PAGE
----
Thursday, January 27, 2005

Semi-random thesis thoughts

As part of trying to accelerate the process of getting my PhD, I've already been doing a lot of thinking about what specific project I want to do my thesis research in. One area I've been exploring is extending some work that has been done in building artificial genetic circuits which make bacteria "talk" to each other. I've written about quorum sensing before, but here's the quick recap: certain bacteria make chemicals that diffuse out of the bacterium that made them and into other bacterial cells and cause the recipient bacteria to react in some way. This mechanism has been used to do nifty things like build an artificial genetic circuit which causes bacteria to regulate their own population by basically committing suicide if there are too many of them [here's the PubMed link to the paper if you're really interested].

While these cell-to-cell communication circuits are cool and all, they suffer a bit from the fact that they're basically serial communication ie they're a bit like having a conversation where you can only answer "yes" or "no" to questions -- you eventually get to the point, but it takes a while. I've been thinking about making this a more powerful system such that you can actually exchange whole "sentences", so to speak. I have a decent idea, on paper, how to do this but I suspect that actually trying it in the lab would become painful pretty quickly, especially given my lack of lab experience. It's a project that I'll probably keep hammering away at during my current rotation with Tom Knight, but I'm also thinking about other stuff.

The other area I'm getting interested in developmental biology, which is concerned with how you make a whole critter when all you've got to at the beginning is a single cell. On the face of it, it's just insane that you can pack the entire blueprint for something as big as an elephant, as weird as a duck-billed platypus [a mammal that lays eggs yet suckles its young after hatching] or as, ahem, "smart" as GW Bush into a single cell that you can't even see without a microscope.

There are oodles of observational data [ie what happens] about how certain model organisms [like the fruitfly, a particular species of frog, the mouse, humans etc] develop, as well as lots of data about what individual genes are involved in developing the adult body plan. However, so far there are fairly few large-scale "wiring diagrams" that tie all the bits involved together and really give a good global explanation of how & why you get from the fertilized egg to the various lifecycle stages. The only thing I've been able to find that comes close is some work out of Caltech, by Eric Davidson's group, which has mapped out this sort of diagram for the sea urchin. [PubMed reference to the paper]. A look at the number of authors on that paper should give you an idea of how much work it is to do this for something as "lowly" as a sea urchin; "higher" animals will probably have an even more complex set of interactions, requiring correspondingly more work, though that remains to be proven.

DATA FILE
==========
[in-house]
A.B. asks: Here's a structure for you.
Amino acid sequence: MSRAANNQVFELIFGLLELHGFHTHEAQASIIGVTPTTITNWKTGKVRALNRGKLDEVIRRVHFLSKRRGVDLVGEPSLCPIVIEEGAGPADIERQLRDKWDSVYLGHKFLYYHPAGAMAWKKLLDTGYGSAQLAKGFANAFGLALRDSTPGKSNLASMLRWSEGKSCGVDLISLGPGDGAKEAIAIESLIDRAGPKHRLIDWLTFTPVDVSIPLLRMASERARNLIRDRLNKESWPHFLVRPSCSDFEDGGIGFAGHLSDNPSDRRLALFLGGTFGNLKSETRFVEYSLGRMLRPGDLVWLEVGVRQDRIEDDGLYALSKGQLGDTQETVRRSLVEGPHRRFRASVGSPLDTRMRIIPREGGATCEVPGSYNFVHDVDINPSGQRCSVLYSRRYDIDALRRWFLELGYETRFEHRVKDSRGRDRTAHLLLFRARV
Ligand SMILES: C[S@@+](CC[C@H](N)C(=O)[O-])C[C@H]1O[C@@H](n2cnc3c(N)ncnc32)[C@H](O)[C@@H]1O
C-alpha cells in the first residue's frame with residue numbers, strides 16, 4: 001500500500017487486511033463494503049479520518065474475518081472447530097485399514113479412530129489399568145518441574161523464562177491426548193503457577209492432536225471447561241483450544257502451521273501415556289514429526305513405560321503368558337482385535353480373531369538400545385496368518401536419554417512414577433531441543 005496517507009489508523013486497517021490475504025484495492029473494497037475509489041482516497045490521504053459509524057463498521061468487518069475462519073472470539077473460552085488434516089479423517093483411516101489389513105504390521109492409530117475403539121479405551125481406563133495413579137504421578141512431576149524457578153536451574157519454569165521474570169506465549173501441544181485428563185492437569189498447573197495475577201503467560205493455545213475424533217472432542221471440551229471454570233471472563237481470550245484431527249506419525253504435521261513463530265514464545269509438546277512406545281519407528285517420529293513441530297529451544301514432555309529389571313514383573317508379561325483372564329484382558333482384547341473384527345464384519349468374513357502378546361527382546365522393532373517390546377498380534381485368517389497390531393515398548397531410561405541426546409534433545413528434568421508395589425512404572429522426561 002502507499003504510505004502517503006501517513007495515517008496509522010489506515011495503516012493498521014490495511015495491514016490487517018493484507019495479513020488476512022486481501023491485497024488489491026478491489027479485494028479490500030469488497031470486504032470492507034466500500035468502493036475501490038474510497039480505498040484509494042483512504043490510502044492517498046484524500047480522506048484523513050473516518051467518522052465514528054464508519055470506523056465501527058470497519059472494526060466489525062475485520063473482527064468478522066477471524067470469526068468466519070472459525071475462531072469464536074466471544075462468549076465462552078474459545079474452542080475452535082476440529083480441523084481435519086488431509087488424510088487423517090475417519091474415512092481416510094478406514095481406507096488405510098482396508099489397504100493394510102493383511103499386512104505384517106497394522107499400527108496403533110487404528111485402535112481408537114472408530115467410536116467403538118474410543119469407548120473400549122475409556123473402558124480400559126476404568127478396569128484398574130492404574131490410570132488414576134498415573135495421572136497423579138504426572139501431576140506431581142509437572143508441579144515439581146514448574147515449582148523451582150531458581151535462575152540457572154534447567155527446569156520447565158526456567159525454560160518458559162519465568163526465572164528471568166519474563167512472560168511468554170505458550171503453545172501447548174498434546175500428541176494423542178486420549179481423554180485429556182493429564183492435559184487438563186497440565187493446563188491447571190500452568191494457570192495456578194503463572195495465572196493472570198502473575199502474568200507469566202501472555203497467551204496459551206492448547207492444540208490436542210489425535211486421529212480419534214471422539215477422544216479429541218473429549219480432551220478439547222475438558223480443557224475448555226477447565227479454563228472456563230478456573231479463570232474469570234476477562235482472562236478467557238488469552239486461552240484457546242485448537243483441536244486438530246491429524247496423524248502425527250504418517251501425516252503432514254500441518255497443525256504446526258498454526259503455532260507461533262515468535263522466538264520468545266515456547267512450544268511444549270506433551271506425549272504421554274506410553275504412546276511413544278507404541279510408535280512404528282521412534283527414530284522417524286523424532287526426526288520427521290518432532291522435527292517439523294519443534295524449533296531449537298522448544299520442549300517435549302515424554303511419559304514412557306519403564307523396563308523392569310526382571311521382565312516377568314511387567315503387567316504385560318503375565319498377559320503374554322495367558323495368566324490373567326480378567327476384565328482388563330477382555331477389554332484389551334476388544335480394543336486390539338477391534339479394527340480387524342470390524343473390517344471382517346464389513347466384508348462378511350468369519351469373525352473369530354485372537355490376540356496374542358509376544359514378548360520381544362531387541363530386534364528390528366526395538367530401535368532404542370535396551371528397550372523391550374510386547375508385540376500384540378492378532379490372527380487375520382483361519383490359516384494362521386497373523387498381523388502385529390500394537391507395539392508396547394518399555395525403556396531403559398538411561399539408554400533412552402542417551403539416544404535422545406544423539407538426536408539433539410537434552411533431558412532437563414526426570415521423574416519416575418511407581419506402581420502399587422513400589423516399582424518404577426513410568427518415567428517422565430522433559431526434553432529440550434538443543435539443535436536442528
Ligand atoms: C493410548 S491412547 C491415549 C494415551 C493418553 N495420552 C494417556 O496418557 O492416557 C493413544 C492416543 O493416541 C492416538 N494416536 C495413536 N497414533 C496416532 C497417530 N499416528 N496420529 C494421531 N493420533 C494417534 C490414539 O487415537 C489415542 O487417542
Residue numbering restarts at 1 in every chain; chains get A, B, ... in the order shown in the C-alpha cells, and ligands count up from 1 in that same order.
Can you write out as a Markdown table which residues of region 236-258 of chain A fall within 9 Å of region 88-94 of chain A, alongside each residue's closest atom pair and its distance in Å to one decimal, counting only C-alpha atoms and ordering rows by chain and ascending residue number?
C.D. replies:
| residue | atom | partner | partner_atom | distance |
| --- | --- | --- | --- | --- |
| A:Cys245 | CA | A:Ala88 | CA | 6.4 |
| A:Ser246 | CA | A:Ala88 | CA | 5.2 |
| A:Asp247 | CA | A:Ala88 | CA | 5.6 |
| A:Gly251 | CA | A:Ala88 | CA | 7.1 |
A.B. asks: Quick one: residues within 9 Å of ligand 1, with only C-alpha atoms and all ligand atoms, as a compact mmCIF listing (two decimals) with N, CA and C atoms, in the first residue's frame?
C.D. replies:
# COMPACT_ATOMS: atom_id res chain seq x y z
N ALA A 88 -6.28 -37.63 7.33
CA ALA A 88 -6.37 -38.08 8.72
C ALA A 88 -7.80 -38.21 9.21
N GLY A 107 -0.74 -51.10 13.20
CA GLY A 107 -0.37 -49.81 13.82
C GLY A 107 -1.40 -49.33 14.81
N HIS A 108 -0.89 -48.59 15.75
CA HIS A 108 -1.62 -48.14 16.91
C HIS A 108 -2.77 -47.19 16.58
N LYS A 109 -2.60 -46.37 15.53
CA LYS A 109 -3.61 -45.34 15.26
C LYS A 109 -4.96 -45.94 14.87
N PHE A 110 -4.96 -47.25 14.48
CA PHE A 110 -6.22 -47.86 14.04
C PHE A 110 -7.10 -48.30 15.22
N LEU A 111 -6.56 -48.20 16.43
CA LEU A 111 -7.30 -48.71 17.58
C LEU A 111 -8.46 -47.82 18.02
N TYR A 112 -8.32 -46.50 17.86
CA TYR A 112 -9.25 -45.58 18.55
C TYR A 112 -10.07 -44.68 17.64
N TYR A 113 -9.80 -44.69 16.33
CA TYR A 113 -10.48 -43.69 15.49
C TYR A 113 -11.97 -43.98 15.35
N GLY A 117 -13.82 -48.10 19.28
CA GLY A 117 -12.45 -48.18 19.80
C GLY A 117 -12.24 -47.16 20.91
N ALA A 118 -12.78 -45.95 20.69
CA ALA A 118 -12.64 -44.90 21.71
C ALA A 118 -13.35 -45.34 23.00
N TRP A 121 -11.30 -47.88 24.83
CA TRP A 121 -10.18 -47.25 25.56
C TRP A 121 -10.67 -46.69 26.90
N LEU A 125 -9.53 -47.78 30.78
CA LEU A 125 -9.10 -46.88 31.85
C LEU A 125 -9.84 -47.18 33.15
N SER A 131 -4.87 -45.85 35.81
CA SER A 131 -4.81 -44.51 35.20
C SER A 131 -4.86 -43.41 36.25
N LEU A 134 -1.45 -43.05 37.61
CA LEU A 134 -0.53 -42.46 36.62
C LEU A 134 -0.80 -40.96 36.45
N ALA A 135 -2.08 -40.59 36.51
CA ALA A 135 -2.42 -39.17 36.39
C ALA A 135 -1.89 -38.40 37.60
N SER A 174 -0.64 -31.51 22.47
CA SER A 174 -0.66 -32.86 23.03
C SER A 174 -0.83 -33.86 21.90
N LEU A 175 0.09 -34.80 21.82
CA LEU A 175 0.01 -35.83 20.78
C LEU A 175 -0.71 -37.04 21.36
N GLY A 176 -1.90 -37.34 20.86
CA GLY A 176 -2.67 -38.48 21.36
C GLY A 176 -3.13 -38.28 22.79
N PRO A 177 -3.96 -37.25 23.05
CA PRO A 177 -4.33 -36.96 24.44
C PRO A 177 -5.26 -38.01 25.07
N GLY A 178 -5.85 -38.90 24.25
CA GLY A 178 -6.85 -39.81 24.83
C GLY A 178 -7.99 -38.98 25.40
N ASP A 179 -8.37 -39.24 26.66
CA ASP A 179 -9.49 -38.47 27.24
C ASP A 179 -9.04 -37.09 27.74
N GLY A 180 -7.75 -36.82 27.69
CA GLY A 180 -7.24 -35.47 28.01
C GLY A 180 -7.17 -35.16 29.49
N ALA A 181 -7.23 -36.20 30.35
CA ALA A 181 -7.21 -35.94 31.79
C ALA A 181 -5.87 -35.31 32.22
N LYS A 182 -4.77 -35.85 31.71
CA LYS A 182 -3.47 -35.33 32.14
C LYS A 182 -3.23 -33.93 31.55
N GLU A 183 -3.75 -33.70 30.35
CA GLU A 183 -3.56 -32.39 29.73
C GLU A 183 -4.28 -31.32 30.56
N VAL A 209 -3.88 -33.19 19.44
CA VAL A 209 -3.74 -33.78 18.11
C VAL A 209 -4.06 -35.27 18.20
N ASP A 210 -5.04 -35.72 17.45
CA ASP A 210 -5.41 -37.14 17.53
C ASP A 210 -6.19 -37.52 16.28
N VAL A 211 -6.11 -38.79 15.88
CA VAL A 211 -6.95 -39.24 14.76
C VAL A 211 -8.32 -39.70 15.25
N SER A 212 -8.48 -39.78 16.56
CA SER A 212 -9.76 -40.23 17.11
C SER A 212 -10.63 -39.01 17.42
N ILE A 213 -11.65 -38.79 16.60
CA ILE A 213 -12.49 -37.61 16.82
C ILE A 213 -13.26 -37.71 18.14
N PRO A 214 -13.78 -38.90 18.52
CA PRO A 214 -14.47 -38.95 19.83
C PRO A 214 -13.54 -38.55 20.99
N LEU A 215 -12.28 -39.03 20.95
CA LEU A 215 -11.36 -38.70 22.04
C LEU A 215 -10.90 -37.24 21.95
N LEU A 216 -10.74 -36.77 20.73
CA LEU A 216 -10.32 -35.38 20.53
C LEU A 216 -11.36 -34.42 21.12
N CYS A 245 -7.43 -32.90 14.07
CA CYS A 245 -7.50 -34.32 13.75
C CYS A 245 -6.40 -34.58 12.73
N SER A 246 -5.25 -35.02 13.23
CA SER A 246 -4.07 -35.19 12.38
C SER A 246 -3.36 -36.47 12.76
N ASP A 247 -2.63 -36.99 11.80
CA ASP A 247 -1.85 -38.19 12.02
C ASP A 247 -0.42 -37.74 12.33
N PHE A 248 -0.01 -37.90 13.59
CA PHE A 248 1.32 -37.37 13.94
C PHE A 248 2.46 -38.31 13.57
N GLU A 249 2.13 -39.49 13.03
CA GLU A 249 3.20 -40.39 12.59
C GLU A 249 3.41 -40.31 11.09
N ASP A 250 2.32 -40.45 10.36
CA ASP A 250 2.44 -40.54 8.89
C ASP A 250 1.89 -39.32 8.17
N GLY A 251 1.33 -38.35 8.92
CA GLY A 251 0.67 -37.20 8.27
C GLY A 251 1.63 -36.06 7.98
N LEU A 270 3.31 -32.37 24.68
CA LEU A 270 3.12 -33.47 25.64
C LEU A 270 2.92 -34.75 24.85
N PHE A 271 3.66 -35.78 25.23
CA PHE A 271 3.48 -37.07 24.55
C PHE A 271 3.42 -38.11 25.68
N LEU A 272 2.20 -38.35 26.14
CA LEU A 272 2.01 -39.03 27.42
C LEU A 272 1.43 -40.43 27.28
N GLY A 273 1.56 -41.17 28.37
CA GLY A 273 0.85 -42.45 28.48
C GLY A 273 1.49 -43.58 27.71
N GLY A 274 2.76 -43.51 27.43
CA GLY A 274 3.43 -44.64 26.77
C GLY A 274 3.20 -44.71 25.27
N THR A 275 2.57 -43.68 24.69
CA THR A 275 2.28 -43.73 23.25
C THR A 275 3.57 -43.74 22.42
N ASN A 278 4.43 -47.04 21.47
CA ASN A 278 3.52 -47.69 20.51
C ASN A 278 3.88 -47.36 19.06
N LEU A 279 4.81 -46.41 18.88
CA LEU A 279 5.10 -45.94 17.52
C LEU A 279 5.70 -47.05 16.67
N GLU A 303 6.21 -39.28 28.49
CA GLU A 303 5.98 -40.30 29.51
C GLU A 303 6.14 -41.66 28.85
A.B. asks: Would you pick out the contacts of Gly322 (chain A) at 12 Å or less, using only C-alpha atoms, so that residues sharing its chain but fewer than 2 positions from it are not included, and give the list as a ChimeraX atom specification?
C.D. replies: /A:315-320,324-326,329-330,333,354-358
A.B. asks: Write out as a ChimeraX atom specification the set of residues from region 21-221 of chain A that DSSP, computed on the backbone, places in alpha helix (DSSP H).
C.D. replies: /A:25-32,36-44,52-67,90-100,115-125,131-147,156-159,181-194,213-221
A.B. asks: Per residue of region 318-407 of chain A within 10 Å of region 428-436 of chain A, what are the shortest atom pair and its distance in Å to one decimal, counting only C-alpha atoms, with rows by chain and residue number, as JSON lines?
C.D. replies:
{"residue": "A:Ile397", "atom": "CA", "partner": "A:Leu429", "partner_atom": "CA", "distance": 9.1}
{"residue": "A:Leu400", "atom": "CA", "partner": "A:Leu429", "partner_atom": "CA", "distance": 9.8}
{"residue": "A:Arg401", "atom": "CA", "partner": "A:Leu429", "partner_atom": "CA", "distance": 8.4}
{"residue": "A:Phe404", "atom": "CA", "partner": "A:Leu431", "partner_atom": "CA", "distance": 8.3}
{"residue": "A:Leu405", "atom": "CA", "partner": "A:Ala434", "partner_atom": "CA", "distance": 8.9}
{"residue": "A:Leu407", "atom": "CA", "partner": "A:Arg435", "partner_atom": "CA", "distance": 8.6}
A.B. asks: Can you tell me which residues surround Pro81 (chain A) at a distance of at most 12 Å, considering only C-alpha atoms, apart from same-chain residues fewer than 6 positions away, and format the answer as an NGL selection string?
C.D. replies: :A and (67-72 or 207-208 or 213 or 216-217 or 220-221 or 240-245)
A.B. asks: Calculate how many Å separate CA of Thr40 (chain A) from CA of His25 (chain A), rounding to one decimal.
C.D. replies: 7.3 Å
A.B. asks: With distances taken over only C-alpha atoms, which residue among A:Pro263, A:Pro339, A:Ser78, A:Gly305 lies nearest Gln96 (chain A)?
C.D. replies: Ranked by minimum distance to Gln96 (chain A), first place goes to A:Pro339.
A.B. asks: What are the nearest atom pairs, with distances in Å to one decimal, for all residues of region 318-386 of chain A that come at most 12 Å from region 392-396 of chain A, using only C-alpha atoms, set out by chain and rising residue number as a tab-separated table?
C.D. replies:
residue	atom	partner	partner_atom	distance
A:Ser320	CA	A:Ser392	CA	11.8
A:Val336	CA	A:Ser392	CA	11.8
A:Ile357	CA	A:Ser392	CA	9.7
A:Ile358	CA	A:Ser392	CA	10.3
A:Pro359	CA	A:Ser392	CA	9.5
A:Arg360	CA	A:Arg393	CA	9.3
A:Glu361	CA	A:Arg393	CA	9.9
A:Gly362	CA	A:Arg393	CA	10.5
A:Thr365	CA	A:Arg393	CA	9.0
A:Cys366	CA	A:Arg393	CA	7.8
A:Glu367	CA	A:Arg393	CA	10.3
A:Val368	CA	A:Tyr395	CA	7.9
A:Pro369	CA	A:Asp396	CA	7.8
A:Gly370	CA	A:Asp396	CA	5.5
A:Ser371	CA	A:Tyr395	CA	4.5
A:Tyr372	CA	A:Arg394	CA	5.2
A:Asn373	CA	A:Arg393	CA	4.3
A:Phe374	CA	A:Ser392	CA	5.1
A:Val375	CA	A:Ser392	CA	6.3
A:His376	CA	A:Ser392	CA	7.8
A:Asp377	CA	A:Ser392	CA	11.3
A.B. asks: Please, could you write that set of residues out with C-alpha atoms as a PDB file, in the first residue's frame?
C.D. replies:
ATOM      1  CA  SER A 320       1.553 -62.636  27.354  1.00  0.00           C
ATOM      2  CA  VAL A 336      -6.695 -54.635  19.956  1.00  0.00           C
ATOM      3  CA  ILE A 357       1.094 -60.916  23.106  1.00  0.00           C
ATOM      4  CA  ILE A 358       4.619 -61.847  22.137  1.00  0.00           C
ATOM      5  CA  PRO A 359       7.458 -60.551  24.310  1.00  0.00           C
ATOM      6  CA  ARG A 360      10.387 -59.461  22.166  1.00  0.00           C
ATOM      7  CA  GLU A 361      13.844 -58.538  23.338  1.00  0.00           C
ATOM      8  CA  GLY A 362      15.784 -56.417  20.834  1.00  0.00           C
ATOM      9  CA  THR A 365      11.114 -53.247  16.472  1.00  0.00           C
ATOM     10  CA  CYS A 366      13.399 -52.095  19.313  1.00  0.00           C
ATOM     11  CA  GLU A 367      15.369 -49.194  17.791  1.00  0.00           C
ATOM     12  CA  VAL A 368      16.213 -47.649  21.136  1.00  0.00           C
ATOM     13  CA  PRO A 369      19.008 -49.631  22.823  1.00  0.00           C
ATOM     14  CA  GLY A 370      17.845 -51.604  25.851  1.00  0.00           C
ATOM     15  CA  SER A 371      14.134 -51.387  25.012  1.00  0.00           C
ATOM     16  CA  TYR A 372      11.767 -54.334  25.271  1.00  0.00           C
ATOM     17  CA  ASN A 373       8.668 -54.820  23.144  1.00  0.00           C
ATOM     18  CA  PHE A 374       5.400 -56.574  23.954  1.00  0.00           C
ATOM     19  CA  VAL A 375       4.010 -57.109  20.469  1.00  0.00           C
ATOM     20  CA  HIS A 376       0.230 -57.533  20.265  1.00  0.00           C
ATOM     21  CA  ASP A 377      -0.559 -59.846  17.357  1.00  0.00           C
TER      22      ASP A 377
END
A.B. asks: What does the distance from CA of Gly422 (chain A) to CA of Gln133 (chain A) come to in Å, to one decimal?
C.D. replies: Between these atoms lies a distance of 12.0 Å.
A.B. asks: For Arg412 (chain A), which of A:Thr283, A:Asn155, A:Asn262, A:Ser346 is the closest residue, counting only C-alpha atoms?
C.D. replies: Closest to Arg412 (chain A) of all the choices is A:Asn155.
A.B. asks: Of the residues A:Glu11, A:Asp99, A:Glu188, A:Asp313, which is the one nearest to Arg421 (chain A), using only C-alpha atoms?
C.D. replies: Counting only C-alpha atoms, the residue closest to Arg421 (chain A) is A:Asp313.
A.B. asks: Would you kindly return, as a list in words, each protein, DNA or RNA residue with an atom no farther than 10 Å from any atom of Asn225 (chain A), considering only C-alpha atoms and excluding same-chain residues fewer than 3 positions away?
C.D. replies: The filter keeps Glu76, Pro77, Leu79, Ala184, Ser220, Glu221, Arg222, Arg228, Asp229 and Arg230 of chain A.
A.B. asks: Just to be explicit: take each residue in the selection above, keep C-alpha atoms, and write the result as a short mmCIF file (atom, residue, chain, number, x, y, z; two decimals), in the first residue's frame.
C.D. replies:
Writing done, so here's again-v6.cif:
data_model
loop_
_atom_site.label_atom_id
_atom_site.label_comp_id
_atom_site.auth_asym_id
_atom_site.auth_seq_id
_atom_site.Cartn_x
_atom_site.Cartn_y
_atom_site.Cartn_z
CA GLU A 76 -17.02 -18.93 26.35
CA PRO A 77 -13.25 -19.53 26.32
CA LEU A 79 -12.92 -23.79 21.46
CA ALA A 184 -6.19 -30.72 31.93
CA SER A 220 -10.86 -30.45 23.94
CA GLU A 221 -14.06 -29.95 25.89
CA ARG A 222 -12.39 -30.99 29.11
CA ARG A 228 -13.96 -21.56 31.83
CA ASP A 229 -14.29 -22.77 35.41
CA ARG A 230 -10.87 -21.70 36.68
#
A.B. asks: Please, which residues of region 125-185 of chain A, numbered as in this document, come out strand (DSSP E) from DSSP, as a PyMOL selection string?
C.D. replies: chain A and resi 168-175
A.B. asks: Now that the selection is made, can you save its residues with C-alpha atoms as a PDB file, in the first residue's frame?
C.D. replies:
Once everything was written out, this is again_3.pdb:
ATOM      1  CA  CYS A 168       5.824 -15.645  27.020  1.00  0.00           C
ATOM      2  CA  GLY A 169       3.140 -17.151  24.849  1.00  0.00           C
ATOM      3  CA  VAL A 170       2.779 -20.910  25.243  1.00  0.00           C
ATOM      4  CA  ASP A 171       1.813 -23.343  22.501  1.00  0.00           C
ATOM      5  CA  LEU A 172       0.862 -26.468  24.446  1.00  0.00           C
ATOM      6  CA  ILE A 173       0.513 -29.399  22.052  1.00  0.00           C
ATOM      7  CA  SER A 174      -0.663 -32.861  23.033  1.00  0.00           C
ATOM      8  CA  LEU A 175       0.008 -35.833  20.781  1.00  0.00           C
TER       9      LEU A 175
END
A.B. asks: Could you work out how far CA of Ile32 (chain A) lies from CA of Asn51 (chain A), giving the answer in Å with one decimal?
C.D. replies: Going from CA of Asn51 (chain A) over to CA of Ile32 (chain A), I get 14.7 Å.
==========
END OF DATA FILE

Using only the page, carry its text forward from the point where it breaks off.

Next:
What appeals to me about this area of biology is that
a) I've always been interested in how you get "emergent" behavior [like a whole animal] out of the interaction of lots of little "dumb" parts [like cells] that are just following fairly simple rules, ad animal development is a really cool example of that
b) there is lots of room for computational work: to attack the problem you need to do large-scale experiments to figure out what genes are active and perform computational analysis of the results, as well as build a computational model of the gene network to explain the progression through the various stages of development. In other words, lots of fodder for a computer geek like me.

So, I'm in the process of reading "Developmental Biology" and whatever papers I can find on PubMed to see whether this is something I want to pursue further. I'm also going to talk to a professor at Harvard, Radhika Nagpal, since this is an area she's interested in [as a bonus, she has good connections to Drew Endy and Tom Knight, having worked with both of them when she was a postdoc at MIT].


Blogger - i said...

A parallel bus, one type of signaling molecule per pin? N possible molecules transmitting log n bits of information? Message encoded by a polymer?

9:47 PM  
Blogger Alex said...

Message encoded by a polymer.

9:41 AM  

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